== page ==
Wednesday, February 28, 2007

Trio Magazine

Trio Magazine according to their website " a fashion and entertainment magazine that will be published quarterly, and initially circulated online. TIRO seeks to establish and maintain a unique position amongst culturally themed publications within the United States, and the continent of Africa. Its goal is to be the magazine of choice for females interested in fashion emphasizing African & Western Cultures. The majority of fashion and entertainment magazines on the market today are primarily concerned with fashion trends in the western world, ignoring the uniqueness of the African fabric and its impact on the western world.

The idea for TIRO came from Helen Eferakorho, a female of Nigerian descent, raised in the United States. Having lived in Nigeria (one of the focal venues for African Fashion) in her youth, Helen developed a strong appreciation for the uniqueness of the African fabric. On the other-hand her tenure in the US exposed her to a variety of culturally stimulating fashion styles via fashion oriented periodicals, trade shows, and day-to-day observations. Her passion for this venture was as a result of the opportunity to observe the best of both worlds. Helens goal is to use TIRO to expose the enormous possibilities within this sector of the industry, and provide a vessel for individuals within its target audience to enhance their lives.

To accomplish this, our vision is to create the type of fashion magazine that has never been seen before. Its premise: the intentional merging of African and western styles, the concept that created TIRO. TIRO is an Urhobo (Tribal Language) word used in Nigeria to describe a woman that is full of grace. Grace is a charming and attractive trait, one that will be evident in every issue of TIRO and will be the watch word for staff, articles, exposés, reviews and advertising..."

Photos courtesy of Trio Magazine

Saturday, February 24, 2007


Some say she is the "New Sade" but we think she is one of the new gem's in the Nigerian music industry. One of her singles "African Girl" is one of the best R&B singles we have heard recently.

Her Myspace bio says "..NAYO (N-áá-y-Ò) jumps out from within the Yoruba name of Temitope Odunayo Abidoye, born in Lagos, Nigeria and singing from day one. Her Nigerian culture traveled with her around the world as a girl, while she incorporated its rhythms into the new beats and sounds she found in England, the United States, and the rest of West Africa. At that young age of 10, Nayo began writing songs and found her influences in artists such as Madonna, Seal, Annie Lennox and Carole King..."

"...Nayo returned to Los Angeles with renewed purpose and independently released a limited single 'Party Fever' which found its way on the Billboard Club Play charts and various charts in Europe by late 2005. Then she began collaborating with producers and songwriters from New York, Los Angeles and the UK, where her true love for music first began. With her debut album to be released next year 2007, Nayo is her name and her voice speaks for generations of people and millions whose voices have not been heard for years..."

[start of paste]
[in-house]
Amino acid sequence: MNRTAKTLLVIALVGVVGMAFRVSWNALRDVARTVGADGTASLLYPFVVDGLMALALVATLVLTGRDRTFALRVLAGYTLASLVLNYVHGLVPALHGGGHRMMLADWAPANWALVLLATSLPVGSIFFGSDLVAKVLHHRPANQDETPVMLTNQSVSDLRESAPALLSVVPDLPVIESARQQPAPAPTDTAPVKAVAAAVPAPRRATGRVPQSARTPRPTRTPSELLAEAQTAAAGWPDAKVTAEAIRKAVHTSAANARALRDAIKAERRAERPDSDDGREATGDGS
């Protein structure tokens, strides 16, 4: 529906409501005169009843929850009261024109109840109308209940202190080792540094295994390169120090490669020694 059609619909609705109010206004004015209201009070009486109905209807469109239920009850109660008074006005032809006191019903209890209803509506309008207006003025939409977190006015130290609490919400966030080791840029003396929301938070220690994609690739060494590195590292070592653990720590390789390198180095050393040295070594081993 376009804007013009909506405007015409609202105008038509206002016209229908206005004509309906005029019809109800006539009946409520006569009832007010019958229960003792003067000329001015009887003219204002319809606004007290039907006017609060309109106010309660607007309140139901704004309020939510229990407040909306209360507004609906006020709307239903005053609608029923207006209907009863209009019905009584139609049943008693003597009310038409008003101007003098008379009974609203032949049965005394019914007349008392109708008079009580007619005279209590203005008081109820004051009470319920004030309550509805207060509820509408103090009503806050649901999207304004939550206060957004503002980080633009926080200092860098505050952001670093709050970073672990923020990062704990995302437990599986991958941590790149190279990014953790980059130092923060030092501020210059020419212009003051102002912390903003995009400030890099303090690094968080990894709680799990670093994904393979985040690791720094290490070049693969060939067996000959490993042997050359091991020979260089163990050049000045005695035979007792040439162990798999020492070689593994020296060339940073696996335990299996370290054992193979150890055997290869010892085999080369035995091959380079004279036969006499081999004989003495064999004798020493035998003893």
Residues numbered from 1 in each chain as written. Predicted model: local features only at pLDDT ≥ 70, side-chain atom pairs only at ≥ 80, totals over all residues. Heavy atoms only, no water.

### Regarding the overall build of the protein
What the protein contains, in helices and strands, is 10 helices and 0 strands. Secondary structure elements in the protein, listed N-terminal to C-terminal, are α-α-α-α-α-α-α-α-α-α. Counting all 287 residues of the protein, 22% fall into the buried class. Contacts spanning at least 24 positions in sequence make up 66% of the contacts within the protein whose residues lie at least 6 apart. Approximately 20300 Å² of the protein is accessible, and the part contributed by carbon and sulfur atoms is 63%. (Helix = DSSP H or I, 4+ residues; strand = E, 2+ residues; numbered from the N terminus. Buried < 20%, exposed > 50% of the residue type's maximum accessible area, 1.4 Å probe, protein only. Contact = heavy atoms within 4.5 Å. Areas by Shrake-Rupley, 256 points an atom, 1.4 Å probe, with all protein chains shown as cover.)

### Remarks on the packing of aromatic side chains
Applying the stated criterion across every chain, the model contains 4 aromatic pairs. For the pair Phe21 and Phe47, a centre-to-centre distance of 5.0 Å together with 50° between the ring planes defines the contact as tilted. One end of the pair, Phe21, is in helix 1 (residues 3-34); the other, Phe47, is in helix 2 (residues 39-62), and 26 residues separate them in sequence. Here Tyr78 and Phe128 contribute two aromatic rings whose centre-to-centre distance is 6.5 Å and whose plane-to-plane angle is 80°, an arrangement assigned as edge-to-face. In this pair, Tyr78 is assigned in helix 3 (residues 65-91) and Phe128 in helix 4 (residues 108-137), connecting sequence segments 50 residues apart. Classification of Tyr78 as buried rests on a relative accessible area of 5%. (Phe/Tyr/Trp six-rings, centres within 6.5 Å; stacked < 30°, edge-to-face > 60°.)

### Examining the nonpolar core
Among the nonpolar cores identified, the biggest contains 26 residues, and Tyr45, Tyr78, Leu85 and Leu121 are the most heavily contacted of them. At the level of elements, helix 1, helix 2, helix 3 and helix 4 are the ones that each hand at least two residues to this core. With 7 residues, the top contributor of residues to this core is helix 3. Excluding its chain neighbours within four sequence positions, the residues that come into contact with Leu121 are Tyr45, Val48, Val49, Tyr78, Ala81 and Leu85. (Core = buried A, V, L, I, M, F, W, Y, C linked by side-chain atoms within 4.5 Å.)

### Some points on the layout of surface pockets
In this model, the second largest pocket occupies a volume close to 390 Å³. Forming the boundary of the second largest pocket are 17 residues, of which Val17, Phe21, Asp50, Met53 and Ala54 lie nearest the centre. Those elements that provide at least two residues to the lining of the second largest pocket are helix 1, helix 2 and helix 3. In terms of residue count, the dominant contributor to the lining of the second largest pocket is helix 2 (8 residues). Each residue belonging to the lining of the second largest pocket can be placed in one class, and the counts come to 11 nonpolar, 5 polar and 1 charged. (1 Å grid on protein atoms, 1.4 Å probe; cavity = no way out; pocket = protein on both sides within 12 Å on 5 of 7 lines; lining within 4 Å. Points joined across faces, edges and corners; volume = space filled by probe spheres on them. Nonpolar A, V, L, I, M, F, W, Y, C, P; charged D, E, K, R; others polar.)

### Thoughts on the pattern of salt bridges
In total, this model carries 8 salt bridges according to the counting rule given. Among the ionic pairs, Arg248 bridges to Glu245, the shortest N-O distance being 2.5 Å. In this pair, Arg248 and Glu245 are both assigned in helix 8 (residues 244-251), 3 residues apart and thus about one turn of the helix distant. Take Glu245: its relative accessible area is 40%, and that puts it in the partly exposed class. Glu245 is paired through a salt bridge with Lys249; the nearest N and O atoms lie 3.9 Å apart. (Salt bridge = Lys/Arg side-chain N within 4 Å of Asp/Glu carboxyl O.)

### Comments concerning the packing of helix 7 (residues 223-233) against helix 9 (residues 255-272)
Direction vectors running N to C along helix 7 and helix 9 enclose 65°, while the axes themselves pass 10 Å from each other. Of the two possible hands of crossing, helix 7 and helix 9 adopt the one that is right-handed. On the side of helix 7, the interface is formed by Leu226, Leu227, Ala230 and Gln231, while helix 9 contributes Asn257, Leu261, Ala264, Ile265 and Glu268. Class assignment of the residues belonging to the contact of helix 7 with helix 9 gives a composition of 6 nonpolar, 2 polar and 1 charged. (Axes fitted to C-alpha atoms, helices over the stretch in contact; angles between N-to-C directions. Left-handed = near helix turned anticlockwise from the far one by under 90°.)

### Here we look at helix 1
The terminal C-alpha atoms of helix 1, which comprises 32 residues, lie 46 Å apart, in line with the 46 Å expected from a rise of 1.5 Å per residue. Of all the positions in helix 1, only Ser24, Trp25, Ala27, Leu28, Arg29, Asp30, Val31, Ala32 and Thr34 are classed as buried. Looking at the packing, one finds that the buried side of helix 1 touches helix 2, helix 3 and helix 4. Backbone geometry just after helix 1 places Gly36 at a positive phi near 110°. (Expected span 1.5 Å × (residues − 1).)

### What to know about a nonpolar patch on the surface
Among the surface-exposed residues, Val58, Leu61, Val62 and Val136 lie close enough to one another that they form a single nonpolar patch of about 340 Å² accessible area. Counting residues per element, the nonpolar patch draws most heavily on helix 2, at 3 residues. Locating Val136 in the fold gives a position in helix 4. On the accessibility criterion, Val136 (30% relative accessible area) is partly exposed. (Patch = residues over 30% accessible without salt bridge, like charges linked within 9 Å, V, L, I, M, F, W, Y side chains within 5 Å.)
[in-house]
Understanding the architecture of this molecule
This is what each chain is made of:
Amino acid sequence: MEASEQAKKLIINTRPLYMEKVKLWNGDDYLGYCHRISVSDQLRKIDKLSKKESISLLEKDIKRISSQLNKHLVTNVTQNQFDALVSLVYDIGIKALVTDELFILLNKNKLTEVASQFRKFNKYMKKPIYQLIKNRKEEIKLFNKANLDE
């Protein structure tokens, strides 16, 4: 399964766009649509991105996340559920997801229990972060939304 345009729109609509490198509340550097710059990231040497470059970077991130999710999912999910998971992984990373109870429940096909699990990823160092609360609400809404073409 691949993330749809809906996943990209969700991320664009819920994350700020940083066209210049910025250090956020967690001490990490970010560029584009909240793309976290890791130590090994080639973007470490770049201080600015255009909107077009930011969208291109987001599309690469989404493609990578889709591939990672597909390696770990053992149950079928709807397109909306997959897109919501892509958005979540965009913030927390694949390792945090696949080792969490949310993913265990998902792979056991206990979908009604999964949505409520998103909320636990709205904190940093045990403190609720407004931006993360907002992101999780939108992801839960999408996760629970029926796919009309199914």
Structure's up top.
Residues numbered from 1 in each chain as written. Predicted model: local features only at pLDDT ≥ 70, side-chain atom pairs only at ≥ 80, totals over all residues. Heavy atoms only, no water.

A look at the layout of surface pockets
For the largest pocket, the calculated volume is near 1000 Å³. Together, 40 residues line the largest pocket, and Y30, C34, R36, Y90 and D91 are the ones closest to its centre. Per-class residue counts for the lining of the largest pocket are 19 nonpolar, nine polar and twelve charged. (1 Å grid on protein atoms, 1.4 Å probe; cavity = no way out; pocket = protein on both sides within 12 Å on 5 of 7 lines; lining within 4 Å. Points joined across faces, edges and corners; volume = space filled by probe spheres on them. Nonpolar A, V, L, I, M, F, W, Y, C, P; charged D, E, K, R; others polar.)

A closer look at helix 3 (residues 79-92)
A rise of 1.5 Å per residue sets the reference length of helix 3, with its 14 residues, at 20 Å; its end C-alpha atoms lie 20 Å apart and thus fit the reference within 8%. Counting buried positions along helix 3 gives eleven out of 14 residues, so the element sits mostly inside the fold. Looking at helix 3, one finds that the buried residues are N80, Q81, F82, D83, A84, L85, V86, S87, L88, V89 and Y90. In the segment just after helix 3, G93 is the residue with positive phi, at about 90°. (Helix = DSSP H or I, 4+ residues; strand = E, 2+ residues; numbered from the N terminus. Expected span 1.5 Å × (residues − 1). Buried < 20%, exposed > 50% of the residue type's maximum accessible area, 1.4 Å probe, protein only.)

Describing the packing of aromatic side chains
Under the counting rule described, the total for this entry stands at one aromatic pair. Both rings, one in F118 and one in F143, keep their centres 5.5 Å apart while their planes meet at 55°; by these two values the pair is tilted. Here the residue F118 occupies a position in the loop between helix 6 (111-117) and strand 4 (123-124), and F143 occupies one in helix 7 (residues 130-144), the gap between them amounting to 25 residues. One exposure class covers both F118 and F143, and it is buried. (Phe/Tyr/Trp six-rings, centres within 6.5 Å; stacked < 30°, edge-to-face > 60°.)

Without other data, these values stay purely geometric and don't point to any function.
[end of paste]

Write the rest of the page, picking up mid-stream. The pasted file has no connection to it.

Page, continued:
This is Nayo's alternative music website.

Photo courtesy of Nayo's Myspace page

Thursday, February 22, 2007

Kati Torda Dagadu

Kati Torda Dagadu website says "...she is a Hungarian-born artist who has lived more than half her life in Ghana. There she touched upon a fading bead culture and successfully initiated a new consciousness of it. She has combined the cultural heritage of her two homes to create internationally celebrated bead work that reflects her considerable knowledge of Ghanaian and other West African bead traditions.."

Her beautiful handcrafted glass bead work designs are a combination of her artistic talent and ideas she has borrowed from traditional West African bead making techniques, which I think started in the ancient empires of Ashanti, Songhai,Benin and Mali.

Photos Courtesy of

Wednesday, February 14, 2007

Burka meets Haute Coutre

Beautiful Burka (Burqa) inspired fashion by Fashion East designer Louise Golden where shown at the catwalk of the London Fashion Week 2007.

Other designers like Lela Ahmadzai "Burka meets Haute Couture" have shown that the Afghan Burka could me remodeled to look interesting and trendy.

Photos courtesy of Burka meets Haute Couture and Yahoo images.

Tuesday, February 13, 2007

Noella Coursaris

Noella is a trailblazer in the world of fashion modeling, this lady of Congolese and Cypriot parentage has achieved a lot as a black model in today's international modeling market. MIMI magazine says "..Coursaris accomplishment's are no small feat considering that in the fickle world of fashion, it takes more than just beauty to succeed-especially for African

In her brilliant interview with Africaincorp blog, she talks about a lot of issues ranging from what inspired her into fashion modeling, what she thinks would create a successful fashion and modeling in Africa and finally the expectations of the fashion modeling world.